By Evan Johnson
Gabriella Kolev beams over the awards bouquet given to her by Mikaela Shiffrin.
By Evan Johnson
For the youngest ski racers, watching the World Cup was an opportunity to see their heroes perform. Speaking at a press conference after winning Sunday’s slalom race, Mikaela Shiffrin said she saw a bit of herself in these young faces that lined up for autographs and lined the sidelines, rattling cow bells, waving signs and cheering – especially the shy ones.
“I try to look for those kids because I feel like they’re always the ones who are not going to ask for something but may be the ones who deserve it the most,” she said.
It was this recognition that drove the reigning world champion to summon 9-year-old Gabriella Kolev from Stamford, Conn. from the back of the room to hand her the bouquet of flowers that had been presented at the awards ceremony just 20 minutes earlier.
“On days like today when I’m feeling on top of the world, it’s people like you who bring me down to earth, so thank you,” Shiffrin said to Kolev.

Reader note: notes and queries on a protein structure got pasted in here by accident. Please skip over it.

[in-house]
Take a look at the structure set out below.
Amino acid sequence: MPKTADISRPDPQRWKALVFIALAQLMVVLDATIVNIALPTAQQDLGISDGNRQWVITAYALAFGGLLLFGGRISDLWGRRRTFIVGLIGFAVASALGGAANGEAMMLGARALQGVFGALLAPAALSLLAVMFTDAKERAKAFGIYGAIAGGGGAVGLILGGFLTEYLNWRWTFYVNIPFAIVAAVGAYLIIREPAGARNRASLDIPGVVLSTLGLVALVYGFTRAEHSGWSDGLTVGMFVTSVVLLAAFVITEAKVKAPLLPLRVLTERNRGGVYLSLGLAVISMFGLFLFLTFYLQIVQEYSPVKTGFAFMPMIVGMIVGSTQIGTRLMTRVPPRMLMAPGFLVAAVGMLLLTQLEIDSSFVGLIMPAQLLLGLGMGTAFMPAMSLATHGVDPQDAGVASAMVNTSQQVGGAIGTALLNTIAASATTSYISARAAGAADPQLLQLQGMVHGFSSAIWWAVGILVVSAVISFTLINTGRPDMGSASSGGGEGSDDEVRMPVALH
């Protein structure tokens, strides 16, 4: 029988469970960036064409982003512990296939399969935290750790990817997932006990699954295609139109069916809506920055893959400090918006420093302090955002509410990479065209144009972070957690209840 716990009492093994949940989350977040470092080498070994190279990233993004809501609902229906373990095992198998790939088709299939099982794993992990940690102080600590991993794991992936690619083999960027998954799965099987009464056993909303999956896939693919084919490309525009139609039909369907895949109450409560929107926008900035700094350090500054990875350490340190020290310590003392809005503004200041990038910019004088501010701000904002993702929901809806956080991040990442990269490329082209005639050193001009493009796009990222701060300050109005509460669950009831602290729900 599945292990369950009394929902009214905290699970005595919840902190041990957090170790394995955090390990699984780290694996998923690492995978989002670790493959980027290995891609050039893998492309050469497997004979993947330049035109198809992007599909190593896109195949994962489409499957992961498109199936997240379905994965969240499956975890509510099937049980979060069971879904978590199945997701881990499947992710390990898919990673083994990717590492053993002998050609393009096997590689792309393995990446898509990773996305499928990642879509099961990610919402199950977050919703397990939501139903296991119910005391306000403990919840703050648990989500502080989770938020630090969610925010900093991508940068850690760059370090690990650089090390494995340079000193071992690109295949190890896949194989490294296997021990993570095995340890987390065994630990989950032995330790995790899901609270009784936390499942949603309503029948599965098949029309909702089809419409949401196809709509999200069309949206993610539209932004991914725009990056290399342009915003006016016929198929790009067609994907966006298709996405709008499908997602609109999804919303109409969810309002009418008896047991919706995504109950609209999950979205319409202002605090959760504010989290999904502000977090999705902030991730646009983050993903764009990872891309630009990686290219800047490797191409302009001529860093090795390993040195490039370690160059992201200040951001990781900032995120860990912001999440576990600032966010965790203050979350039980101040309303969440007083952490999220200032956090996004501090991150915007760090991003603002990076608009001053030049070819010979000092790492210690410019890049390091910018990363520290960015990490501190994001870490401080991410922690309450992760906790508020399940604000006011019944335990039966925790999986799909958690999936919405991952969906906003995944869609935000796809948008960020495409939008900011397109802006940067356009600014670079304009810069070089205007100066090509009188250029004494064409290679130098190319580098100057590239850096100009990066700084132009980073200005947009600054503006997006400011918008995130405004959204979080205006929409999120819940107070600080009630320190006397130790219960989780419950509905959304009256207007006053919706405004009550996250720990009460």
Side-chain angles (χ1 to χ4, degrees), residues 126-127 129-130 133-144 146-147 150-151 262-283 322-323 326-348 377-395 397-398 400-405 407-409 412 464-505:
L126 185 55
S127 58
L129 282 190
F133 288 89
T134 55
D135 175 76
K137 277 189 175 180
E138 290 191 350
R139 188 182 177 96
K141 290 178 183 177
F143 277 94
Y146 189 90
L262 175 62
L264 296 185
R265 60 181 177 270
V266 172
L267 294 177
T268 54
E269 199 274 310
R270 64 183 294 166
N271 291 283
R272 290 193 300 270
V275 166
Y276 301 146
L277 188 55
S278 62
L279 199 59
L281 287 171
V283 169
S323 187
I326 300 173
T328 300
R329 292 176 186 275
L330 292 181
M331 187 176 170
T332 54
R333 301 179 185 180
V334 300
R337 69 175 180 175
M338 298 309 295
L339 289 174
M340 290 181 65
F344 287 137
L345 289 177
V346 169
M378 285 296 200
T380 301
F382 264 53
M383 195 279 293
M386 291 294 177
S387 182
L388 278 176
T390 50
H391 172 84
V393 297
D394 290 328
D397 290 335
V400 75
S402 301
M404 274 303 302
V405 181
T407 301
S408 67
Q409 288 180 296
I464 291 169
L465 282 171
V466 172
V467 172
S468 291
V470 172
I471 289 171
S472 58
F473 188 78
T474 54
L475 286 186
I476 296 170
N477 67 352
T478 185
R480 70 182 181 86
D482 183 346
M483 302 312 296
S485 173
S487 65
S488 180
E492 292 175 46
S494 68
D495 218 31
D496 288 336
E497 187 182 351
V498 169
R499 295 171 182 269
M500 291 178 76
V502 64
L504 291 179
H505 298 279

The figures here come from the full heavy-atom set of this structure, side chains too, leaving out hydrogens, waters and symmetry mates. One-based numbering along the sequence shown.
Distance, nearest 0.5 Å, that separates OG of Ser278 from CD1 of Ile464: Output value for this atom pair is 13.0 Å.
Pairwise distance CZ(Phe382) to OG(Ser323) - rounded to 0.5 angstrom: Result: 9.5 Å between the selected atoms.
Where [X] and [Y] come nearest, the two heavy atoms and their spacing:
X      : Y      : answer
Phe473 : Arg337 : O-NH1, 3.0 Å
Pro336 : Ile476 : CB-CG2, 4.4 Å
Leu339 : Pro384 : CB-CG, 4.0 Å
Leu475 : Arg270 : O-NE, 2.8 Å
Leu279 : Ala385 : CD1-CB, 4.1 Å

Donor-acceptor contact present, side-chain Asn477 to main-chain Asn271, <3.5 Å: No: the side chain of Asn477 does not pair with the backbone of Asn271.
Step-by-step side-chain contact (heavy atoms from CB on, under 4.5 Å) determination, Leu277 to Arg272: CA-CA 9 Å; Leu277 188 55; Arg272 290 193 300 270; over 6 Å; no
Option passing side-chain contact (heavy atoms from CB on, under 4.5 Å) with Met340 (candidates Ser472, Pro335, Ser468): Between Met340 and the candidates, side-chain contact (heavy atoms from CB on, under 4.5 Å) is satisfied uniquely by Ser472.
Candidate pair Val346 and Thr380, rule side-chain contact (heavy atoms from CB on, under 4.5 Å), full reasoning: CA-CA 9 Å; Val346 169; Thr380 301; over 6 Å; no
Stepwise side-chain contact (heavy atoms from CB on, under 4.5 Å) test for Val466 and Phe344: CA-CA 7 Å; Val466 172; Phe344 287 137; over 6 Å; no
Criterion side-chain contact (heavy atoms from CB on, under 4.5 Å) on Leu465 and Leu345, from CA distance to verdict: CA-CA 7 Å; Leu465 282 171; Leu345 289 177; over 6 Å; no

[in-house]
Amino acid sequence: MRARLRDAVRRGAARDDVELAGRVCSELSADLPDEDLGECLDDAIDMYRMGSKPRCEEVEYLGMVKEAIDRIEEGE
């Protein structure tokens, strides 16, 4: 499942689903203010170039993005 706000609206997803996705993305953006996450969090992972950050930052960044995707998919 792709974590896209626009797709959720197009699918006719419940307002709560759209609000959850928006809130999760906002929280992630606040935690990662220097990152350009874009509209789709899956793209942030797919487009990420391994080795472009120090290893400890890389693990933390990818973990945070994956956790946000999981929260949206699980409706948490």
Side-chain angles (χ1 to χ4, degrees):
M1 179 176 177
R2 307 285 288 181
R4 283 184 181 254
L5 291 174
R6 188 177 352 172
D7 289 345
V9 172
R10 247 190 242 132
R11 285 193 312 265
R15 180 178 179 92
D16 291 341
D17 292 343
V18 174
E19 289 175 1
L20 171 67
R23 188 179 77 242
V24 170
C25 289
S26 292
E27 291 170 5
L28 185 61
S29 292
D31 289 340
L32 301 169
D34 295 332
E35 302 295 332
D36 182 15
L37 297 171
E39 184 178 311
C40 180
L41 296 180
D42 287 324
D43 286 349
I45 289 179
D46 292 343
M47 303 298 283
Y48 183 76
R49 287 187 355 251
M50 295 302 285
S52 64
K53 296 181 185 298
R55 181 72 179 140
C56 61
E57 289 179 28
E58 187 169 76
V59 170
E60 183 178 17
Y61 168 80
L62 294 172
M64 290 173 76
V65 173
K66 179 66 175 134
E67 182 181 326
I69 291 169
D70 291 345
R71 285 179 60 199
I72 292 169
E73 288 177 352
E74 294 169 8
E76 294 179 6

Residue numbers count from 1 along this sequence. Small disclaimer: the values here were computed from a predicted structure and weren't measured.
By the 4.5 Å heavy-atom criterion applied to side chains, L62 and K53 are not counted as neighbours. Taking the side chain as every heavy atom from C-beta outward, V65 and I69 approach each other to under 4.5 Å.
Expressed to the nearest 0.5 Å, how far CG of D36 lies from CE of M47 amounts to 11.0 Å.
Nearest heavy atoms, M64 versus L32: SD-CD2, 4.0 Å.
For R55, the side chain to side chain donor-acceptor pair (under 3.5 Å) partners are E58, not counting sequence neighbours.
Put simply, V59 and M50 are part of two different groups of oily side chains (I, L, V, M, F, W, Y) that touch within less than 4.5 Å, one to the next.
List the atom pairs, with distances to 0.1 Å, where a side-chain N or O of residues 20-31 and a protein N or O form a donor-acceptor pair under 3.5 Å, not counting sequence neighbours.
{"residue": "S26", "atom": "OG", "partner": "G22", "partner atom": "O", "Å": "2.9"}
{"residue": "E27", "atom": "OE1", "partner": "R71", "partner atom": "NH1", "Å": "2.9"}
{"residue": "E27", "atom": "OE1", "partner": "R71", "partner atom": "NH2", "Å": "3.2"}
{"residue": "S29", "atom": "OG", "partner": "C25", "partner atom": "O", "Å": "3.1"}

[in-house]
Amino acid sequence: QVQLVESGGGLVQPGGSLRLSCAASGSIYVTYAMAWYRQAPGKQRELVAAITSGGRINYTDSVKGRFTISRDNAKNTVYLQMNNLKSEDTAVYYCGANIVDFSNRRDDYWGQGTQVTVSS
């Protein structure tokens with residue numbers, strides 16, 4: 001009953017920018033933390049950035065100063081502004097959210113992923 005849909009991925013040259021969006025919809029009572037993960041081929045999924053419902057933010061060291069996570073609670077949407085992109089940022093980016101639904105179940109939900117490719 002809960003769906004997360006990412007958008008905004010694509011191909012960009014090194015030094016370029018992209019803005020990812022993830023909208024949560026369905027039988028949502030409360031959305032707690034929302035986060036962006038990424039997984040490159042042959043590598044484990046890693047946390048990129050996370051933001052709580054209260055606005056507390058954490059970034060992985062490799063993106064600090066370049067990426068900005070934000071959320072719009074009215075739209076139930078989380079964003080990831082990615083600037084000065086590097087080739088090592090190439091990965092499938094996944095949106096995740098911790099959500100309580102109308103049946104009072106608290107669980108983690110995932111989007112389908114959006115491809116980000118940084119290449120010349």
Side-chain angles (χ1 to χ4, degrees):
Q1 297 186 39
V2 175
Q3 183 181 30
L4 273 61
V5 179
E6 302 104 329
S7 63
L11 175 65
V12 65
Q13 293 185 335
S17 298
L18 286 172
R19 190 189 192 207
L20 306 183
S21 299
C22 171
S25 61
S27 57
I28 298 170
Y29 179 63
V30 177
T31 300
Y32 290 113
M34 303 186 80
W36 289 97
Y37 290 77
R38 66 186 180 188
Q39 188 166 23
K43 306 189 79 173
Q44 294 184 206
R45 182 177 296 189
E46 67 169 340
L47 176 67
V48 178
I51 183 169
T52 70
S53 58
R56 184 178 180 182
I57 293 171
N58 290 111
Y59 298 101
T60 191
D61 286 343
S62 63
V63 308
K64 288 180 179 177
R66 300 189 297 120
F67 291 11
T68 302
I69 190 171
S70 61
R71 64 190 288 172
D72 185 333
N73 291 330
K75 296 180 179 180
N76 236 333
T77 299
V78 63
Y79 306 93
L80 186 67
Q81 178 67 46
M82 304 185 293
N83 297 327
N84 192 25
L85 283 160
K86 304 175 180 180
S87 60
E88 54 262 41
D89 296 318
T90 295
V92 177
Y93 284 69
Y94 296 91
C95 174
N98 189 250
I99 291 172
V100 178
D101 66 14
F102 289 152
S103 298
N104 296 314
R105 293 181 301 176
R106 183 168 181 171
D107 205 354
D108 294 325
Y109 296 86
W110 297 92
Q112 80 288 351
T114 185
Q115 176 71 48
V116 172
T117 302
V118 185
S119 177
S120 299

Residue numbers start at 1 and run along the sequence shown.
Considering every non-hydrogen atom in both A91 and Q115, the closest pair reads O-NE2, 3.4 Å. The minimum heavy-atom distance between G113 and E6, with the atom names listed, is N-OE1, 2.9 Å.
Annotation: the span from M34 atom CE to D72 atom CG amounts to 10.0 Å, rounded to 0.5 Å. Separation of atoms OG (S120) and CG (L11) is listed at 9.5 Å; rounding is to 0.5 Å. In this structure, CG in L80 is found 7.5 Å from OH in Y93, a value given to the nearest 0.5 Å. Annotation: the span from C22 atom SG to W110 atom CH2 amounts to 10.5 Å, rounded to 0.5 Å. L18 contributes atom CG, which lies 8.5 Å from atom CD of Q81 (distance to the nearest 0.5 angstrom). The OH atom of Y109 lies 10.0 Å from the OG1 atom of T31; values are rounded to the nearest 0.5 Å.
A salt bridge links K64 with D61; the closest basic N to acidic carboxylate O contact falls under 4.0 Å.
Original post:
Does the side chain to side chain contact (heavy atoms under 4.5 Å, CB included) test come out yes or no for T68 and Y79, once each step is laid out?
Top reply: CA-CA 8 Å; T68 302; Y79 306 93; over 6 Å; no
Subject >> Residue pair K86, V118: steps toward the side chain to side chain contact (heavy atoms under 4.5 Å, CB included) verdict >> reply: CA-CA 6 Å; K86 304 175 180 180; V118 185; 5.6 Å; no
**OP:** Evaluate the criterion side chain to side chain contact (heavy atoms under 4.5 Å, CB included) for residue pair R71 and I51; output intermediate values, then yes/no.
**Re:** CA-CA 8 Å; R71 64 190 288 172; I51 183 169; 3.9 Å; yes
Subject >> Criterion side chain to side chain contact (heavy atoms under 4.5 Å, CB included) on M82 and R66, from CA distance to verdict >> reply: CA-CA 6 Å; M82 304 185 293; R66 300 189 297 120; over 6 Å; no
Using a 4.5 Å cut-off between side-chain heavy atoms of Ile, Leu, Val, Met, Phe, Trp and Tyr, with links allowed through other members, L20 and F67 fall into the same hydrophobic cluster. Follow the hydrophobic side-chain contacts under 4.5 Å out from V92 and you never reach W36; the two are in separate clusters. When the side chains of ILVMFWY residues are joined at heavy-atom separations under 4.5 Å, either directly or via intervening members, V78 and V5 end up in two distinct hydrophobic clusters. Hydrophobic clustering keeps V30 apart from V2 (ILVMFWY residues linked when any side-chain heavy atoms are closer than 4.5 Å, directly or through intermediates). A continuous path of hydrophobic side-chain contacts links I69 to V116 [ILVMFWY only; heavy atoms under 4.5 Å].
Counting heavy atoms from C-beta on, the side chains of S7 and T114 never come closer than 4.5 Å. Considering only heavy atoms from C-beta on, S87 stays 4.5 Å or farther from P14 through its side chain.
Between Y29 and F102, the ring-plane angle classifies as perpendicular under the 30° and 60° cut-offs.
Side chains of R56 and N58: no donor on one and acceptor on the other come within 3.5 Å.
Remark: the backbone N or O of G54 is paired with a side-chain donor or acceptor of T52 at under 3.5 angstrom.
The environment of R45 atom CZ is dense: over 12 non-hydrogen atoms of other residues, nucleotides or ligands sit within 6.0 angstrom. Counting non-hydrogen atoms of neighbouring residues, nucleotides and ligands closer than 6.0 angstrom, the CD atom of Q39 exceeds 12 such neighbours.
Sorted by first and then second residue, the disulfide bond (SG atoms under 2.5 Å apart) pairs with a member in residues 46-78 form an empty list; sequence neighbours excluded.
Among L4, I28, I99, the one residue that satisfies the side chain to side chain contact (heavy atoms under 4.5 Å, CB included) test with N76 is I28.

The presentation was not without significance. Last year, Kolev, a U-10 racer at Hunter Mountain, was diagnosed with Juvenile Idiopathic Arthritis, a condition which affects more than 300,000 children in the U.S. The news came following Gabriella’s diagnoses with both Celiac disease, an immune reaction to eating gluten; and Hashimotos disease, a reaction where the body’s immune system attacks the thyroid gland.
“It’s hard when you’re a super sport and have adult-sized pain as a kid and don’t know what’s going on,” said her mother, Michelle Kolev.
A racer since the age of 3, Gabriella’s favorite racer is the 22-year-old Shiffrin and she watched her interviews and races on TV. This year, Gabriella was named an honoree of the National Arthritis Foundation and extended an invitation to her idol to run in the Foundation’s annual Jingle Bell Run in December.
Mikaela’s agent and management responded immediately to Kolev’s letter and arranged a meeting at the World Cup race over the weekend.
In addition to the flowers, Shiffrin also signed her helmet and gave her the bib she wore during Sunday’s slalom race, which she won with a dominating finish.
Arthritis can cause severe pain in the joints and difficulty moving. Celiac and Hashimoto’s can cause upset stomach and low energy levels. But Kolev said she refused to hang up her skis.
“I thought that I was not going to do as well as I could because of the disease I had,” she said. “But the disease sort of helped me get stronger because I believed in myself.”